000001 000001 000001 000002 or

000001 000001 000001 000003

 

The moral of the story is:

When creating multikeys, use spaces to delimit the keys, not dashes or underscores or other characters.

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I'm afraid that's not correct Mariano.

 

Hyphens are not treated as word separators for relationship matching or most other things, but other characters such as pipes, tildes and underscores are. The only occasion when this is not true is when the ASCII indexing option has been selected for the field in question.

 

So whereas you are correct in saying that:

 

000001-000001-000001-000001

 

will (incorrectly) match:

000001-000001-000001-000001 and

000001-000001-000001-000002 and

000001-000001-000001-000003

 

with FileMaker's default indexing,

000001_000001_000001_000001

 

will correctly match to

000001_000001_000001_000001

 

but will not match to

000001_000001_000001_000002 or

000001_000001_000001_000003

 

and similarly,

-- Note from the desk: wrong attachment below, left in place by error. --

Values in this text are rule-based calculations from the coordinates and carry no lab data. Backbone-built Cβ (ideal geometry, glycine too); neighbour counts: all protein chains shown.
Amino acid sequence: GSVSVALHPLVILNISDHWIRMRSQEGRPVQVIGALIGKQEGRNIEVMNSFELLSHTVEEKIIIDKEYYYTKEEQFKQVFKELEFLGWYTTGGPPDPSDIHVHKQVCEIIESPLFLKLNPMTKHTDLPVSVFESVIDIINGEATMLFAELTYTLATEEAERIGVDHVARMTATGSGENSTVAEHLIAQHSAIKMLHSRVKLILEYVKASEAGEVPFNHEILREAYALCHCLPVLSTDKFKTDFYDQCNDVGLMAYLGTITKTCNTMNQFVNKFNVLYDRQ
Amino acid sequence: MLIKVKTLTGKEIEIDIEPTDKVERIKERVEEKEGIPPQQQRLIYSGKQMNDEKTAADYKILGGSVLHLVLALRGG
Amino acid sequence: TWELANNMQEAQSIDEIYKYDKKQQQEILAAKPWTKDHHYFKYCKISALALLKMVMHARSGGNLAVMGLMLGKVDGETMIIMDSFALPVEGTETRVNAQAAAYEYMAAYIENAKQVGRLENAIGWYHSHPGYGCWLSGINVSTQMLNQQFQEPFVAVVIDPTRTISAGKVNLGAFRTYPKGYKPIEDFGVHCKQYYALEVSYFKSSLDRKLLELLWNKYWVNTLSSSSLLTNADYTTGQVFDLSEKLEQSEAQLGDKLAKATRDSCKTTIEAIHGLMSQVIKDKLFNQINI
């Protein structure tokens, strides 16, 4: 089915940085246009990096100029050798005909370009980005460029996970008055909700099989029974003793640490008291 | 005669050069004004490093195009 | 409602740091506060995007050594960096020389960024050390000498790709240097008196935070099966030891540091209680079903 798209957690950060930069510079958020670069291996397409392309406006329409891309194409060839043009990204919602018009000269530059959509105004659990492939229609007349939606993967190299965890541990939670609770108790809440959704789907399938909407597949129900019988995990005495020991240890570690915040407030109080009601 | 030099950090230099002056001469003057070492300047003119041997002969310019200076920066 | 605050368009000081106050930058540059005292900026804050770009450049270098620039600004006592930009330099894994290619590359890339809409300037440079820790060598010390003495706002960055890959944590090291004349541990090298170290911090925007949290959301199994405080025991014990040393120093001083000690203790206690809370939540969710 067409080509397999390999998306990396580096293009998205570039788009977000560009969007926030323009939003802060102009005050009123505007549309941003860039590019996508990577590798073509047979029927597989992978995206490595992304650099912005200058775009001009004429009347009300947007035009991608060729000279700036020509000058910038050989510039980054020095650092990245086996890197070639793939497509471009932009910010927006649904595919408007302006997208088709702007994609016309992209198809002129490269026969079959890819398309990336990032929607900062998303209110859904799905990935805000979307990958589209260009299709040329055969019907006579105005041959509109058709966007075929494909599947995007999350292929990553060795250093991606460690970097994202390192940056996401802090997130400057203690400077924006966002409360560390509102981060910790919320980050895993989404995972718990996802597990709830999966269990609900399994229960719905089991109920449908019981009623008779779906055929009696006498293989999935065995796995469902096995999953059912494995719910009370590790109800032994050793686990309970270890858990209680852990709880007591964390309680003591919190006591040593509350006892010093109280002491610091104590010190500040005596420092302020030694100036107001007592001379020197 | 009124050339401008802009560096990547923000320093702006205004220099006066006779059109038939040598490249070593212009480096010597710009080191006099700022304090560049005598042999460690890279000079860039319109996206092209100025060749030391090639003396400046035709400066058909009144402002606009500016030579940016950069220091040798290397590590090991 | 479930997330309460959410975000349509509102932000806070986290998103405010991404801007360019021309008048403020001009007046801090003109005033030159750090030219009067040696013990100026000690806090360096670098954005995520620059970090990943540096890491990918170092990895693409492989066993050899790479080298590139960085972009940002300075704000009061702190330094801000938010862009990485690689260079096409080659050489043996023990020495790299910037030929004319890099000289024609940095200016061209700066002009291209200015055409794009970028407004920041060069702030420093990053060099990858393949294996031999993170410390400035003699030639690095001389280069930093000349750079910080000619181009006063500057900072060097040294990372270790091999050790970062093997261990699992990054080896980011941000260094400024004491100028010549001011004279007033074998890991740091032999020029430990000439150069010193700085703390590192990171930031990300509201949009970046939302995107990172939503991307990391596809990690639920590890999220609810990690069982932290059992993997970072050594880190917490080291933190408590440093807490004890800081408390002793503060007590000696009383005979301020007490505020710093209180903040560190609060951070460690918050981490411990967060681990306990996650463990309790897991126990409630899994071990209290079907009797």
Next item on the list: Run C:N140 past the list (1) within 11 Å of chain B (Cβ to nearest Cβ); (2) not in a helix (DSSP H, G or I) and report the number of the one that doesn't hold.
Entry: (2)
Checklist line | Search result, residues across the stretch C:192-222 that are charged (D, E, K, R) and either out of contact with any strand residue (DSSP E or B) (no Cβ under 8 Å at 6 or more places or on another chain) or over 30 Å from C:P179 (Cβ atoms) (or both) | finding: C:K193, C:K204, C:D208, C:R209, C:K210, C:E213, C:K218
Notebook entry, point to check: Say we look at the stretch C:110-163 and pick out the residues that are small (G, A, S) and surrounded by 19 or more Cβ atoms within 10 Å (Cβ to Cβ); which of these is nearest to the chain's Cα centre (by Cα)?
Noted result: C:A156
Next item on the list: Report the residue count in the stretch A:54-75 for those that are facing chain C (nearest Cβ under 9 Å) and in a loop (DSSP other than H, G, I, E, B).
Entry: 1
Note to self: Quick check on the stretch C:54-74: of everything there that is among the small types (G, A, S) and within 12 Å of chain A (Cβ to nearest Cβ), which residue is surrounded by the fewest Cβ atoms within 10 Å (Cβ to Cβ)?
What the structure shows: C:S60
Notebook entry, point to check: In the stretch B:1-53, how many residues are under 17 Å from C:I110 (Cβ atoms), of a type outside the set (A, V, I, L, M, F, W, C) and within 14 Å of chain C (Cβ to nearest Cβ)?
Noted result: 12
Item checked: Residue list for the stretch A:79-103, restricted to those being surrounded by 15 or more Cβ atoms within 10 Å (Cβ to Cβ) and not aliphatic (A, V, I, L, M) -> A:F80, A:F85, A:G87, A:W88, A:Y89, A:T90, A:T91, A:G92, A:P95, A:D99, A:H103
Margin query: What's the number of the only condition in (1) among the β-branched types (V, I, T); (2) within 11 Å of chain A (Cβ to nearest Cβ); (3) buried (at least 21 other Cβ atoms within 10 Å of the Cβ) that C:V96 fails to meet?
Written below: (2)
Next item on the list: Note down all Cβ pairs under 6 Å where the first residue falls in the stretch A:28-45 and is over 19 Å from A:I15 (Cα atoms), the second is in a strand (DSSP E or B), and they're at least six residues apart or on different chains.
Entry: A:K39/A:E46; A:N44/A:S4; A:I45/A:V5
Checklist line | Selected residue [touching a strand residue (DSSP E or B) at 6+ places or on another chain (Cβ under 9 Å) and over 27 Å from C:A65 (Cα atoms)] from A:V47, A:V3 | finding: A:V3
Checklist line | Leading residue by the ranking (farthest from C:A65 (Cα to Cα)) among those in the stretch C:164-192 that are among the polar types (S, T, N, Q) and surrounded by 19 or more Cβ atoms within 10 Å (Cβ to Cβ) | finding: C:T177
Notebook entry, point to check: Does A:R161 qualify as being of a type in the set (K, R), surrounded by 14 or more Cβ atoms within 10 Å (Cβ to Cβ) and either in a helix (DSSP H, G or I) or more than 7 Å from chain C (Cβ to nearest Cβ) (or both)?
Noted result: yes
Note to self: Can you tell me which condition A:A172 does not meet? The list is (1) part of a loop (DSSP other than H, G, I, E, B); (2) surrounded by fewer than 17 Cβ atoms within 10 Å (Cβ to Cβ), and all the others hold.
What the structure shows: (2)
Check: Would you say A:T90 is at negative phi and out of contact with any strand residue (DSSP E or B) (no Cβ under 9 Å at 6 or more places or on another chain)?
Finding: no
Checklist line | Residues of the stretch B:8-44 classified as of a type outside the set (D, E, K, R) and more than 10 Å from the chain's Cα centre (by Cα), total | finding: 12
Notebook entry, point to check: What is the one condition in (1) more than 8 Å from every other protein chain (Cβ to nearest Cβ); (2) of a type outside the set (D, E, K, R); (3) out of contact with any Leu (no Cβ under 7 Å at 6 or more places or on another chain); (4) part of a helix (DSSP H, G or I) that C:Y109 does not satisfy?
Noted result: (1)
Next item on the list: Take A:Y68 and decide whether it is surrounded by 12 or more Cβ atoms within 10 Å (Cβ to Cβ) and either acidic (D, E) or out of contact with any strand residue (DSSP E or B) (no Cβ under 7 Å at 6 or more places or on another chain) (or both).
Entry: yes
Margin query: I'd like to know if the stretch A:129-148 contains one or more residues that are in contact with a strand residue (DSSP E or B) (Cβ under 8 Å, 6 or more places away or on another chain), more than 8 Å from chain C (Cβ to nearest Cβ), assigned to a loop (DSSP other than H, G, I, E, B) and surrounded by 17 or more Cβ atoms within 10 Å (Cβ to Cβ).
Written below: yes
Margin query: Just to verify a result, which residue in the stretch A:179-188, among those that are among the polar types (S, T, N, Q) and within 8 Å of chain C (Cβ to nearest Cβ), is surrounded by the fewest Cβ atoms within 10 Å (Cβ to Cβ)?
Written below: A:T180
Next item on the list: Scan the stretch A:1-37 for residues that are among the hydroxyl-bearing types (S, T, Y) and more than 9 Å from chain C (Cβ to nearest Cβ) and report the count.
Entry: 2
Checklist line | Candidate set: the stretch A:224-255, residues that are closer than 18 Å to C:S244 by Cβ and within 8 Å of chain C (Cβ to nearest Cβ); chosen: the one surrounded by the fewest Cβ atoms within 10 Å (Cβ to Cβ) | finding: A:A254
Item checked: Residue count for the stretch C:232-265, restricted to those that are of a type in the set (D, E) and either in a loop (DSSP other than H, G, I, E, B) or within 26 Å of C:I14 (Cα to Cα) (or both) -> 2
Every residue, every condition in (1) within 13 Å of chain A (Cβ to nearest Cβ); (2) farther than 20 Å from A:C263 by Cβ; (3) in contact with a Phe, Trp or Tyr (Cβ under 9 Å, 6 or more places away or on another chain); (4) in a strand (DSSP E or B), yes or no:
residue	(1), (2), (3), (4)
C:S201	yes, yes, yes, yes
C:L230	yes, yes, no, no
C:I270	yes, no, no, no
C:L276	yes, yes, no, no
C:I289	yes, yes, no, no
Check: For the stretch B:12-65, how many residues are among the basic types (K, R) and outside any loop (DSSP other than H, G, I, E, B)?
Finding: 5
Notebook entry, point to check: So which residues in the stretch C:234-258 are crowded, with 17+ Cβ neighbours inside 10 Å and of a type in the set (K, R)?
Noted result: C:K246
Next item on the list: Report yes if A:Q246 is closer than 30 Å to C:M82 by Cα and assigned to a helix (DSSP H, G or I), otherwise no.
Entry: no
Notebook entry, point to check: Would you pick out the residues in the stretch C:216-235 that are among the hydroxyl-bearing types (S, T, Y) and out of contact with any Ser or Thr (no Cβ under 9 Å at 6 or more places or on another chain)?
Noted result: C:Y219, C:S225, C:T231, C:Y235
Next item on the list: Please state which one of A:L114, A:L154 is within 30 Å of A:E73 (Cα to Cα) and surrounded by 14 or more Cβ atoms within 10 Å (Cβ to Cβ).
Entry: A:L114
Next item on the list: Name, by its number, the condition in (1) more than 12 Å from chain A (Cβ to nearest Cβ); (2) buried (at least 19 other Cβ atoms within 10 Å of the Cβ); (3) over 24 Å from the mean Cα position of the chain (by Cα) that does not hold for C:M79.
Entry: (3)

000001~000001~000001~000001

will correctly match to

000001~000001~000001~000001

 

but will not match to

000001~000001~000001~000002 or

000001~000001~000001~000003

 

and

 

000001|000001|000001|000001

 

will correctly match to

000001|000001|000001|000001

 

but will not match to

000001|000001|000001|000002 or

000001|000001|000001|000003

 

So if there is a 'moral' it is that characters that work as word separators in other situations also work as word separators for determining the key length for relationship matching - and only if you have explicitly turned on the non-standard ASCII indexing option for the field in question, is it necessary to beware of various ASCII symbols - which will then be counted as part of the 'words'.

 

The point about hyphens not being treated as word separators is valid, however. wink.gif

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Whoops! You're right about the pipe and tilde seperating the words, Ray. I thought I'd checked those in addition to the dash, but was obviously mistaken.

 

There are a few situations where the dash is considered a word seperator. The wordcount function increments the word count for each dash. Also, when using the keyboard to move through text, holding the control key and typing the right or left arrow causes the cursor to jump to the next word, which it does with the dash as well as the others.

 

Thanks for the clarification!